Yeah, it is sports entertainment. But there are those of us that like to take things to a little bit rougher level. And I’m not necessarily talking about all the King of the Death match type things. But guys who aren’t afraid to get physical in the ring, and let the fans know when somebody is being hit a little harder than you would expect or kicked a little harder than you would expect.

Curtis Wylde knew Blackwell from both music and wrestling, and posted about his death on Facebook: “To know Izzy was to love Izzy! Izzy was a big part of my/our life for many years. When I first moved back to the STL area the St. Louis Wrestling scene was basically a closed territory. Outsiders weren’t looked at kindly. One of the first organizations that I found a home in was MAX (Mid-American Xtreme), and the two guys I hit it off with the most was Harsh & Izzy. They were locker room leaders, and took me under their wing in more ways than they may have realized at the time. They became my friends, my brothers, and I’ll always be grateful. From watching Izzy propose to Jen, to watching Jen’s pregnancy with Geoff Richmond, to Izzy’s retirement match against Madman Pondo. Izzy was at our wedding & Harsh was one of my groomsmen. I managed their band P.O.W.E.R.T.R.I.P. for 4 years. Harsh was the lead singer, Izzy dominated the keyboard. Some of the most meaningful years of my life.”

Blackwell’s son, Geoffrey, began wrestling at age 14, when he was 5-foot-10, 200 pounds. “He’s got size, he has grappling ability. I’m proud of him. He scares me to death, but I am proud of him,” Blackwell said shortly before his son’s debut. “And I just I want him to say in the coming years for fans out there to keep an eye out for the beloved Damien Blackwell because he will be coming throughout the Midwest and we intend to get him down south as well.”

Tyler Blake is another area wrestler who posted about Blackwell: “Rest In Peace to the only man I consider a legend around here! Izzy Tom Blackwell even though we had heat, you were still there to share knowledge with me and all the other young talent. Not only were you a father to Damien Blackwell but you became a father to the entire next generation of this business. You are an inspiration and I know you’ll be guiding all of us to success from the afterlife. Thank you for everything you’ve done and thank you for being our mentor. No matter how many generations pass, you will always be a household name and you will never be forgotten. Fly high, and be ready for our fight when I meet you up there!”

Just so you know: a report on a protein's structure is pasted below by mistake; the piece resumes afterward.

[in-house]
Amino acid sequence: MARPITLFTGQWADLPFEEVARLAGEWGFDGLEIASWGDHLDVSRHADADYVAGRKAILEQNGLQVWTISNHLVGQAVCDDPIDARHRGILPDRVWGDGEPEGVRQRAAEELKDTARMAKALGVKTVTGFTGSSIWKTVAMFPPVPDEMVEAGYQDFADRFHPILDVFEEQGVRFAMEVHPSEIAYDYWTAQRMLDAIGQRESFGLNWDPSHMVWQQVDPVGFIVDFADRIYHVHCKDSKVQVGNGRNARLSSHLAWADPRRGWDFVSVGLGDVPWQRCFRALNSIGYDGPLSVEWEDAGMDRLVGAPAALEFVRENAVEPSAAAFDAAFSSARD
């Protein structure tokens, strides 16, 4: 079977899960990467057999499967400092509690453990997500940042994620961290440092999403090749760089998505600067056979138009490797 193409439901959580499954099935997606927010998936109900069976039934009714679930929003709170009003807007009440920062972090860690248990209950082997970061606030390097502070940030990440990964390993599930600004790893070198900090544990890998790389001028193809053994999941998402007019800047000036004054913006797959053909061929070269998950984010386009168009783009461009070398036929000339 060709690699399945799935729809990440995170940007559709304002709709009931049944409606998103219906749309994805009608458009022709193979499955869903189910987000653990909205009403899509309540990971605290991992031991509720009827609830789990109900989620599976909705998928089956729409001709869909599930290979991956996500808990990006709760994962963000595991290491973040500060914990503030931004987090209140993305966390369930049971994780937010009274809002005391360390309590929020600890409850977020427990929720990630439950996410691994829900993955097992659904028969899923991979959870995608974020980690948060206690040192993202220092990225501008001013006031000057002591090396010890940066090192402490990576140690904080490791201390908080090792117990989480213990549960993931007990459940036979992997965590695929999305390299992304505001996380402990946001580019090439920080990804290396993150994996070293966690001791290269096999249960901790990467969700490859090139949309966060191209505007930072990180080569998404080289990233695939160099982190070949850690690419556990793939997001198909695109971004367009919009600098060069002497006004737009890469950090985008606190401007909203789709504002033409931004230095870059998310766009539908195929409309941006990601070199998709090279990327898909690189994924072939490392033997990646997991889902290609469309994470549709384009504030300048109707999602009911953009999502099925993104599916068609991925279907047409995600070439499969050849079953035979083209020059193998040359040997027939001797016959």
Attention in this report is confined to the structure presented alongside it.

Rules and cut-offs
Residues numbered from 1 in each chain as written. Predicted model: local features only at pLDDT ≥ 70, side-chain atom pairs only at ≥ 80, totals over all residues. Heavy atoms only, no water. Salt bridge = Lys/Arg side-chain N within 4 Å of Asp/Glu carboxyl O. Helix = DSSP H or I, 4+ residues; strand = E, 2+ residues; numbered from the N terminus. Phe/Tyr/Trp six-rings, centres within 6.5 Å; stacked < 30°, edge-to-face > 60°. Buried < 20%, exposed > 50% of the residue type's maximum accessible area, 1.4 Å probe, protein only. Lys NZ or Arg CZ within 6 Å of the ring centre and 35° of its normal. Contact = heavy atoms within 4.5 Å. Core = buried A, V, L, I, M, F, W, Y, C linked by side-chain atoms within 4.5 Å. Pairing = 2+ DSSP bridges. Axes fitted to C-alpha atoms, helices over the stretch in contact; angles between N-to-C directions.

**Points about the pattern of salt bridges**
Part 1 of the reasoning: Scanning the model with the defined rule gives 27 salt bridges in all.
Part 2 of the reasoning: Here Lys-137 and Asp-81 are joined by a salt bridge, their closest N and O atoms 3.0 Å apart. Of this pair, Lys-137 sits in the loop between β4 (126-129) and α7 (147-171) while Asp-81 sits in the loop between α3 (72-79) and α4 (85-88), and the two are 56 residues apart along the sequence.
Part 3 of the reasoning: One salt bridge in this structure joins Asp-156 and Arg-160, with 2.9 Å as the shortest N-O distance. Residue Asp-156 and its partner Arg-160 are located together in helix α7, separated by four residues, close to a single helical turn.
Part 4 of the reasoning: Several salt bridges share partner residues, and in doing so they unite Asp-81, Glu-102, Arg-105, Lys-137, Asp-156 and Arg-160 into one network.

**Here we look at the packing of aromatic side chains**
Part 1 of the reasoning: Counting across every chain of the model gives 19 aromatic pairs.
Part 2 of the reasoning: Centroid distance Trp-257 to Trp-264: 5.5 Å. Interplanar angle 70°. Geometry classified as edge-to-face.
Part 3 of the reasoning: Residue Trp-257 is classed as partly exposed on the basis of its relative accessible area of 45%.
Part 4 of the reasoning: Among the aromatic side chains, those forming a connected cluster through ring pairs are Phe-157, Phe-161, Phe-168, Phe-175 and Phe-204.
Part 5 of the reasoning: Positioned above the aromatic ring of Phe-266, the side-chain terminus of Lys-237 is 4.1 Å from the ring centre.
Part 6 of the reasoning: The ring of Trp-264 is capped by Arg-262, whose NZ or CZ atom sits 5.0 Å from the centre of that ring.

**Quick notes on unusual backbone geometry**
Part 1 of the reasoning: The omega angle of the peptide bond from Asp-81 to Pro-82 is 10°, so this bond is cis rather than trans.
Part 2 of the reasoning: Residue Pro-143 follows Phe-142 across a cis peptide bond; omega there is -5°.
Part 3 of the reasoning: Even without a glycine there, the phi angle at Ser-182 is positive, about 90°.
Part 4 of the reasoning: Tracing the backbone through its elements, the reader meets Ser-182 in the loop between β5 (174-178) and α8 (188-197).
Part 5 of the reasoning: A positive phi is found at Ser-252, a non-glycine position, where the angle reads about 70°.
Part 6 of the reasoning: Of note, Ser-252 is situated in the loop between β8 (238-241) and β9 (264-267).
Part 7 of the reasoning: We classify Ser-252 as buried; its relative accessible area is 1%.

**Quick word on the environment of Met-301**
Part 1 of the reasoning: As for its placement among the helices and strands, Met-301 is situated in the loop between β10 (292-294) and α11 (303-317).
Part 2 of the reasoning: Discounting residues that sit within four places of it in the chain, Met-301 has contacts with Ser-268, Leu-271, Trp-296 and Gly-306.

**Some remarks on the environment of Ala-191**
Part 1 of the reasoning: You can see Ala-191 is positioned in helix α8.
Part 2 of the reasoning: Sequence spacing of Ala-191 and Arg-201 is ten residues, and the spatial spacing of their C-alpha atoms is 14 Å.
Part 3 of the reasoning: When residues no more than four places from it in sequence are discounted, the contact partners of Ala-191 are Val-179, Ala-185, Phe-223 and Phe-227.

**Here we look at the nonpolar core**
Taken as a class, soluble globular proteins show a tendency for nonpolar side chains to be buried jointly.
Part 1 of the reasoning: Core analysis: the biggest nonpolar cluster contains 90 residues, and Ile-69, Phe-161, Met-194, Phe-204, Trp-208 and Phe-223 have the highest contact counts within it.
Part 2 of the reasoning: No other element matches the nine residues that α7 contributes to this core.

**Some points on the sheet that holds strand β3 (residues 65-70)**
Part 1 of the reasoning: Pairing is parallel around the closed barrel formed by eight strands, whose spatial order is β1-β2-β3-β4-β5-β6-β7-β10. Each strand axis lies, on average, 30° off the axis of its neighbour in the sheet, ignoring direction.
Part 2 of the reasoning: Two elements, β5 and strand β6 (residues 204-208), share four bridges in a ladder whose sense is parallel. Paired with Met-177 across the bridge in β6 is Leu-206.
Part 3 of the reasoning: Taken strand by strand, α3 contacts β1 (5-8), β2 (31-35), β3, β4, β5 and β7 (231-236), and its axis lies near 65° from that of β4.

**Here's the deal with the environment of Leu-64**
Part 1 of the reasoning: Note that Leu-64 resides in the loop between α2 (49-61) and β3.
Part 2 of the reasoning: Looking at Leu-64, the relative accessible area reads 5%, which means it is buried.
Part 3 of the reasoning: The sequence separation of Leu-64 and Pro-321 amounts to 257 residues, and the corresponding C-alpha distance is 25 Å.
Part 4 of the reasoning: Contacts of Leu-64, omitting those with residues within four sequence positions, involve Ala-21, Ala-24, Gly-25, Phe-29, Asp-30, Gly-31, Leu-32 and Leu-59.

“The Voodoo King” Sonny Lucas wrote something similar: “Thank you Izzy Tom Blackwell for all the advice you have giving me as I was coming up in the wrestling business, you always was there to give me different things to work on to make my character better. It was a vibe about this man he pulls you in, he connects with you in and out the ring and locker room. I was so grateful to shake this man’s hand and pick his brain about professional wrestling.”

Jennifer and Izzy Richmond, with their son Geoff. Facebook photo

Blackwell married his wife, Jennifer, in June 2003. Their children are Geoffrey and Marissa.

He had had numerous health challenges in recent years, including diabetes and losing part of his right leg in 2012 due to the MRSA Super bug. He still attended wrestling shows in a wheelchair. Just after his birthday, Blackwell posted to Facebook:

Thank you all so much for the Birthday Wishes! Got more news after a week since testing positive for Covid-19 I got a negative test today, but, I’m going to still stay quarantined the final 7 days and then test again to be safe, this stuff is no joke! God bless, be safe and thanks for making my Birthday

Details are still coming in on his passing on August 30, 2021, and on any funeral.